PORAC Vice President
This spring marks a full year of the COVID-19 pandemic. It was in March of last year that the PORAC Executive Committee was in Washington, D.C., meeting with our legislators when the Capitol and country shut down. At the time, I remember thinking this was just a bad flu. Little did we know how dangerous the virus would be. As law enforcement officers, we are trained to handle so many different situations. We study tactics and practice new techniques on how to handle any situation. We engage in countless mental scenarios of critical incidents so that if and when we are called to face such an event, we are prepared. Never in my wildest dreams did I think our most deadly foe would be a virus. How does one prepare for a virus? Especially one that is so random in how it will affect us as individuals.
I have always had respect for my fellow officers and the law enforcement profession. A desire to make things better drove me to get involved in the Association. It was always a source of motivation for me to help our officers and their families in crisis. With the losses of officers and loved ones from COVID experienced in our profession, I have never felt so helpless when it comes to fighting for our officers.
Whether I was representing the Fresno POA or now at PORAC, there is usually a clear path to provide protection for our officers. Normally, this strategy involved fighting for a benefit, legislation/policy, equipment or training. We had a plan to make sure our officers were prepared and protected in some way. For PORAC, that strategy involved workers’ compensation presumptions and vaccinations of first responders. Now that the vaccinations are underway, it is my hope that the virus will subside, and the dangers of law enforcement will not include an invisible threat of COVID-19.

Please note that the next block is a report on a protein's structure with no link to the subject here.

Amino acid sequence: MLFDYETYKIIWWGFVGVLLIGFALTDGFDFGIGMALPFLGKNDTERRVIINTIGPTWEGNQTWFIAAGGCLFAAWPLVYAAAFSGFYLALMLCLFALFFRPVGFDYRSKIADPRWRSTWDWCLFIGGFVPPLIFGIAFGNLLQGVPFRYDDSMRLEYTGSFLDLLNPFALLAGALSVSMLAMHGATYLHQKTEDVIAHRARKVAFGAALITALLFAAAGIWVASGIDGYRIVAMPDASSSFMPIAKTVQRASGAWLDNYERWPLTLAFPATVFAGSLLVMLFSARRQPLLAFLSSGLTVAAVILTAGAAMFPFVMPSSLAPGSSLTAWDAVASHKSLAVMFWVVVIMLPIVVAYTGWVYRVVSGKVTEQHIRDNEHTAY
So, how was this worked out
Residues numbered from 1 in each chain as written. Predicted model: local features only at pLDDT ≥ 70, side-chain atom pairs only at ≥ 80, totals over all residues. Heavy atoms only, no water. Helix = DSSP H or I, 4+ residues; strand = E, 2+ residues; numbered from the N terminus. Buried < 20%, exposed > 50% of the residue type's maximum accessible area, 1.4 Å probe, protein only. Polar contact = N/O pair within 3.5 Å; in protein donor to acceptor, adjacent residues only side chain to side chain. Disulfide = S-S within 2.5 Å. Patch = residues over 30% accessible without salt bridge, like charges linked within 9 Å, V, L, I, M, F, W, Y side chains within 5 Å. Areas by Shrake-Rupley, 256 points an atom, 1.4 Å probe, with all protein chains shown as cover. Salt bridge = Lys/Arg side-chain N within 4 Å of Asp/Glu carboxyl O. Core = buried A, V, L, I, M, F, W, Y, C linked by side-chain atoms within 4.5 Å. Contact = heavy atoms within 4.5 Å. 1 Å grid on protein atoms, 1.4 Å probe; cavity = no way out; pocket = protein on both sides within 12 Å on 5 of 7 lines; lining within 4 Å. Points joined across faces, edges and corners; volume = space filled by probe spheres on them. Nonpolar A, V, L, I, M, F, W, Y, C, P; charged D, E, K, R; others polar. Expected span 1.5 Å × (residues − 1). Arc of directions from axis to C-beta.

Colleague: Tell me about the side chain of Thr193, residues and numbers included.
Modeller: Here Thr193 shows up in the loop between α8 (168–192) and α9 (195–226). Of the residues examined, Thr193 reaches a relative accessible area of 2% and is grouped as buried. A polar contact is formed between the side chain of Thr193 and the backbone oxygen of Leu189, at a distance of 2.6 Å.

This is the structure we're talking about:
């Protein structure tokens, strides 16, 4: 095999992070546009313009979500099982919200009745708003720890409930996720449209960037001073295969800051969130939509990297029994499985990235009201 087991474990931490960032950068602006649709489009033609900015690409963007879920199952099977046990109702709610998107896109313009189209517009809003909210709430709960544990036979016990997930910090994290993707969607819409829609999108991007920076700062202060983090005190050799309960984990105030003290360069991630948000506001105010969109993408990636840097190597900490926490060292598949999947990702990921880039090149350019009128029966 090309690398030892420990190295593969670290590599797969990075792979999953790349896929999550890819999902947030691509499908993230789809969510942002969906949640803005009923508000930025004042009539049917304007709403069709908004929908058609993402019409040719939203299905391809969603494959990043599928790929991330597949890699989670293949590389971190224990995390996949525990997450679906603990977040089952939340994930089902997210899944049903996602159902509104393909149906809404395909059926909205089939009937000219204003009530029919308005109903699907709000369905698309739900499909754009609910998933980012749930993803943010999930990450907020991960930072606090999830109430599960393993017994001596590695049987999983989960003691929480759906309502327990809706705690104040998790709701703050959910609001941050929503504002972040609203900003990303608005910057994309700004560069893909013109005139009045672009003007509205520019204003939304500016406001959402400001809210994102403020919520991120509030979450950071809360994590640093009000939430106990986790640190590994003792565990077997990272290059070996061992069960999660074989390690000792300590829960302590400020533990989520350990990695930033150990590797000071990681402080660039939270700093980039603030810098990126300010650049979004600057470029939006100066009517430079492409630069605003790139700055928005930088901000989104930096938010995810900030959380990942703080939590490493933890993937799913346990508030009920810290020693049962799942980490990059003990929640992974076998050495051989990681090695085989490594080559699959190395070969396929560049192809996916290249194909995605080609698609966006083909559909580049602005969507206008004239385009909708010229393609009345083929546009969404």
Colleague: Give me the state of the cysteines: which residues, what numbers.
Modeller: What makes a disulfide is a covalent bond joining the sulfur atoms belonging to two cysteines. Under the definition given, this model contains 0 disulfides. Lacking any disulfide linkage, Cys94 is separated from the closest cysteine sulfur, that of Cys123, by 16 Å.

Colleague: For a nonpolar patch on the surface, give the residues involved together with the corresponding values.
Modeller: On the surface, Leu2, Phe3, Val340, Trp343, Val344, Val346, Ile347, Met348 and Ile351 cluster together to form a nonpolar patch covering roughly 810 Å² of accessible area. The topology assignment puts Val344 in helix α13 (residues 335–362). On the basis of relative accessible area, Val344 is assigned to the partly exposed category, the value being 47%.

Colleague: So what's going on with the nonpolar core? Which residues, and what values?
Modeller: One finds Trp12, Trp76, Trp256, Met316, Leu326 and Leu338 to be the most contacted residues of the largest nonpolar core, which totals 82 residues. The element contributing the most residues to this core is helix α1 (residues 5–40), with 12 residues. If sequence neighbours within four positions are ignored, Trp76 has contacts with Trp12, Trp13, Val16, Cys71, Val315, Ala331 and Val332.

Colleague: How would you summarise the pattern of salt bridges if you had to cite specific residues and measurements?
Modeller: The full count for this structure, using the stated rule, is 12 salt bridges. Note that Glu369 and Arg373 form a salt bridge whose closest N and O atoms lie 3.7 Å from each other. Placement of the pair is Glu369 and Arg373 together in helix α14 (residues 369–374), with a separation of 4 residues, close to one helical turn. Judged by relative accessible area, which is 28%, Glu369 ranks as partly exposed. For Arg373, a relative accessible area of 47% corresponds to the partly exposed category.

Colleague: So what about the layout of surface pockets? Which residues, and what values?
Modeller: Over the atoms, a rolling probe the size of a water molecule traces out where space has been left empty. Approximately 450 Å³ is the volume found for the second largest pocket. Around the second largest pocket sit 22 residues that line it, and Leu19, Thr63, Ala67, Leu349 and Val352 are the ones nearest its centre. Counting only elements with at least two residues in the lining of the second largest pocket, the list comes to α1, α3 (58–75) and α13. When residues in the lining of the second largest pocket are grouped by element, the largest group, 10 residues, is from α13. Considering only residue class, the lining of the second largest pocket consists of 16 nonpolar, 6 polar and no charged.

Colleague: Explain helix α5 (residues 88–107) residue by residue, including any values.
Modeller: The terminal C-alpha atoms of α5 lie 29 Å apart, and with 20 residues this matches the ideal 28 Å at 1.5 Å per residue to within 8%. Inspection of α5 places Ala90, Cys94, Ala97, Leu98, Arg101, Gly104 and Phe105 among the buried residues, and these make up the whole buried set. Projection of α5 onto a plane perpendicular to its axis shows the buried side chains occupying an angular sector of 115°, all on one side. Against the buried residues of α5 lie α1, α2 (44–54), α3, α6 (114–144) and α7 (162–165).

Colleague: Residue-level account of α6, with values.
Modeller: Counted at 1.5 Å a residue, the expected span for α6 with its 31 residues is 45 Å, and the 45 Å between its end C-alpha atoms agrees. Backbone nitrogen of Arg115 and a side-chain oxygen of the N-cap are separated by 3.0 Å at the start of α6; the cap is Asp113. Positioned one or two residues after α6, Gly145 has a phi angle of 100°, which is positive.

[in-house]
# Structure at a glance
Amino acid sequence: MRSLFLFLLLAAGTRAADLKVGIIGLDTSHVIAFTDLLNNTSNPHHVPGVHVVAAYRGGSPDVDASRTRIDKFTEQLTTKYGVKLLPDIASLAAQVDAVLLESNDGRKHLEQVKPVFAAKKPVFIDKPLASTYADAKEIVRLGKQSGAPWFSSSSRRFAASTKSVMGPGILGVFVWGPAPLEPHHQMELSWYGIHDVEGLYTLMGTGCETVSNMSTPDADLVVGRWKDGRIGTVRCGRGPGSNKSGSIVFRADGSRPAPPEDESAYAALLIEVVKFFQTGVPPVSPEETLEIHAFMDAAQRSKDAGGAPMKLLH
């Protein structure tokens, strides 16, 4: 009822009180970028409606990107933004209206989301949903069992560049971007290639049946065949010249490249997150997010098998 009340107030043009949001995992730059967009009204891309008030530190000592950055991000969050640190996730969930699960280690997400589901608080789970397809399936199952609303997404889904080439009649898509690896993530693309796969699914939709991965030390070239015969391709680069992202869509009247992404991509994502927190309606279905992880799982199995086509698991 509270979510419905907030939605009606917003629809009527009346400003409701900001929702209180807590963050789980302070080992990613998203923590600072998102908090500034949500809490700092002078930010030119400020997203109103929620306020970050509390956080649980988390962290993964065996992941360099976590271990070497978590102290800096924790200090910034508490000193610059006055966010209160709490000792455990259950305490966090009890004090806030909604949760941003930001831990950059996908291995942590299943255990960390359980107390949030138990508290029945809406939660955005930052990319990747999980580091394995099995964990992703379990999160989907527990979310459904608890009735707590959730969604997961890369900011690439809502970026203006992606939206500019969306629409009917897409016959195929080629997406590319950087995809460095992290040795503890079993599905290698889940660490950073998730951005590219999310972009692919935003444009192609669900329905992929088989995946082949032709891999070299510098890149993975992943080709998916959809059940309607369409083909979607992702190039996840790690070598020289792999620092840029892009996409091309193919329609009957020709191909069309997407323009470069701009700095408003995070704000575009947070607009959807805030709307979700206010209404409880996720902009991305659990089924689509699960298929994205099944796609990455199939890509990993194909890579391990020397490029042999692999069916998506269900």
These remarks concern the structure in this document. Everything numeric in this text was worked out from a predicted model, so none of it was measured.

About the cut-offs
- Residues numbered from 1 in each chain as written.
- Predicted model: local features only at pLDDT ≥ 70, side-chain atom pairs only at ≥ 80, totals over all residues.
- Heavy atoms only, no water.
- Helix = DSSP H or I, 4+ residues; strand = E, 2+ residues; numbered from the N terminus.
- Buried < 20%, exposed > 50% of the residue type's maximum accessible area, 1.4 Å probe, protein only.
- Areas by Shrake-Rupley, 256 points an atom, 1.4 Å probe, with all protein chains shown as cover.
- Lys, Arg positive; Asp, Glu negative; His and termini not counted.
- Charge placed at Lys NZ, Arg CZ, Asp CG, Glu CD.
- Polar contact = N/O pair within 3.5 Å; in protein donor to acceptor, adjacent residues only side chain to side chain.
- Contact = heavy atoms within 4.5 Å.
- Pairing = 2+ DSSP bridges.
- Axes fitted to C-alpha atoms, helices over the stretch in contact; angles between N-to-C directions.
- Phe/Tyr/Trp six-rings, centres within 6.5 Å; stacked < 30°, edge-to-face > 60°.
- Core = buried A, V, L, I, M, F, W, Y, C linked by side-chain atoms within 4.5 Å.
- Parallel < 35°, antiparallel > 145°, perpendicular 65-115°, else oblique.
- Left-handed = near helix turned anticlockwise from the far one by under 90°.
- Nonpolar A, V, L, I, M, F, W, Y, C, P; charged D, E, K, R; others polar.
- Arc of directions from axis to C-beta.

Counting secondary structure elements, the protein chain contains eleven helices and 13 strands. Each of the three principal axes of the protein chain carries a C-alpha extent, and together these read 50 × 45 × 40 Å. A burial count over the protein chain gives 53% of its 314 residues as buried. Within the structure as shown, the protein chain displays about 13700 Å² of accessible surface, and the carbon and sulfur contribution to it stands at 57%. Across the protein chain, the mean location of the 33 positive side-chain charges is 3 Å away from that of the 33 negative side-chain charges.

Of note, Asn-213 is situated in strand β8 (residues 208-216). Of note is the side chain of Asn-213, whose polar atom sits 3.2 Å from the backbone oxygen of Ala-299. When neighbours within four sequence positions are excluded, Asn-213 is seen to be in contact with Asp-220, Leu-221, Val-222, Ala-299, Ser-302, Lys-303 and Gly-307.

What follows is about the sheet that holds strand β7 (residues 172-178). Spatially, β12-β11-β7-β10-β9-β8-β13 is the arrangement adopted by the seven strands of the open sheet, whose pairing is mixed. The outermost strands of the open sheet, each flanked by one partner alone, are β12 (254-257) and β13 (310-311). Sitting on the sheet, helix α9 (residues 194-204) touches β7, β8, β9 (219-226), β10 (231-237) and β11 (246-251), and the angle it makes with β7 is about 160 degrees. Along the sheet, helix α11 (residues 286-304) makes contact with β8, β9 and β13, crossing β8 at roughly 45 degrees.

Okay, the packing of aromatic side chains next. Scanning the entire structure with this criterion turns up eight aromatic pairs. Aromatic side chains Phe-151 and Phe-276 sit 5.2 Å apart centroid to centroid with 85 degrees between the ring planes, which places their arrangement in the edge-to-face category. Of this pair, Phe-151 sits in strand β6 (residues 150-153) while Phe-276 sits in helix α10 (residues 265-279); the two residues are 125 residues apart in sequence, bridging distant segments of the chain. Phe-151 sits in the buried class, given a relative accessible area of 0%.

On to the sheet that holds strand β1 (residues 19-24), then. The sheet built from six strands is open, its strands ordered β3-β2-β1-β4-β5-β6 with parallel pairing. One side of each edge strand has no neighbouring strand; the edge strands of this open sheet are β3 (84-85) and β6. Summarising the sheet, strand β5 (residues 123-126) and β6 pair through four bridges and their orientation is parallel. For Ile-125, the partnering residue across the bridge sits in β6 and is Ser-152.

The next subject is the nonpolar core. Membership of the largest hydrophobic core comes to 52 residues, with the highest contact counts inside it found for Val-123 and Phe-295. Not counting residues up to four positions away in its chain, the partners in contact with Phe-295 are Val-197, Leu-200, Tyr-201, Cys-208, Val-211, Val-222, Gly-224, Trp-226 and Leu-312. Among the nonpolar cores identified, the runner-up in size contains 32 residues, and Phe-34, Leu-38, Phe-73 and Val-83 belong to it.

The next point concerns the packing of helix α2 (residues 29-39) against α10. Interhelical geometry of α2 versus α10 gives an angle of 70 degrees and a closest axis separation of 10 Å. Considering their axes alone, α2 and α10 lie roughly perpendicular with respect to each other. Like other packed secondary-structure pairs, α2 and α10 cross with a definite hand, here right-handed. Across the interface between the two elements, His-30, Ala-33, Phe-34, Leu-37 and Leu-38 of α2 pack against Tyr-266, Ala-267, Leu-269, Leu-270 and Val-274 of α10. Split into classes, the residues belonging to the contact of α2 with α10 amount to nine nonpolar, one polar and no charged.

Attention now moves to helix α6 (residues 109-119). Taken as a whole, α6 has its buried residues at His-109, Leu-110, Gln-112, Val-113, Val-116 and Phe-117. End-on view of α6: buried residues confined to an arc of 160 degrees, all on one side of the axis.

This pandemic has recently hit home for me here in my own agency. As I write this article, I was just notified that Fresno P.D. has lost a second officer to this virus. Sergeant Paul Brown of Fresno P.D. was one of my sergeants I worked for on midnights in patrol. He was a good leader full of compassion and a great sense of humor. He will truly be missed by so many, just as those you have lost in your agencies will be missed. Too many officers and family members have been taken from us before their time.
This pandemic has highlighted more than ever the need for peer support programs. Our associations were formed to help the widows and orphans of our officers. So many have been affected by this virus, and it’s incumbent on us to make sure we focus on the families of our officers in need. Whether it’s through direct assistance of emotional support or using fundraising efforts like PORAC’s Fund a Hero program, we as association leaders can make a difference.
This year, PORAC will be introducing a peer support class in conjunction with the line-of-duty death class. The training will be specifically designed to help develop and maintain a peer support program. Whether you are in a large association or a small one, there are programs to fit your needs.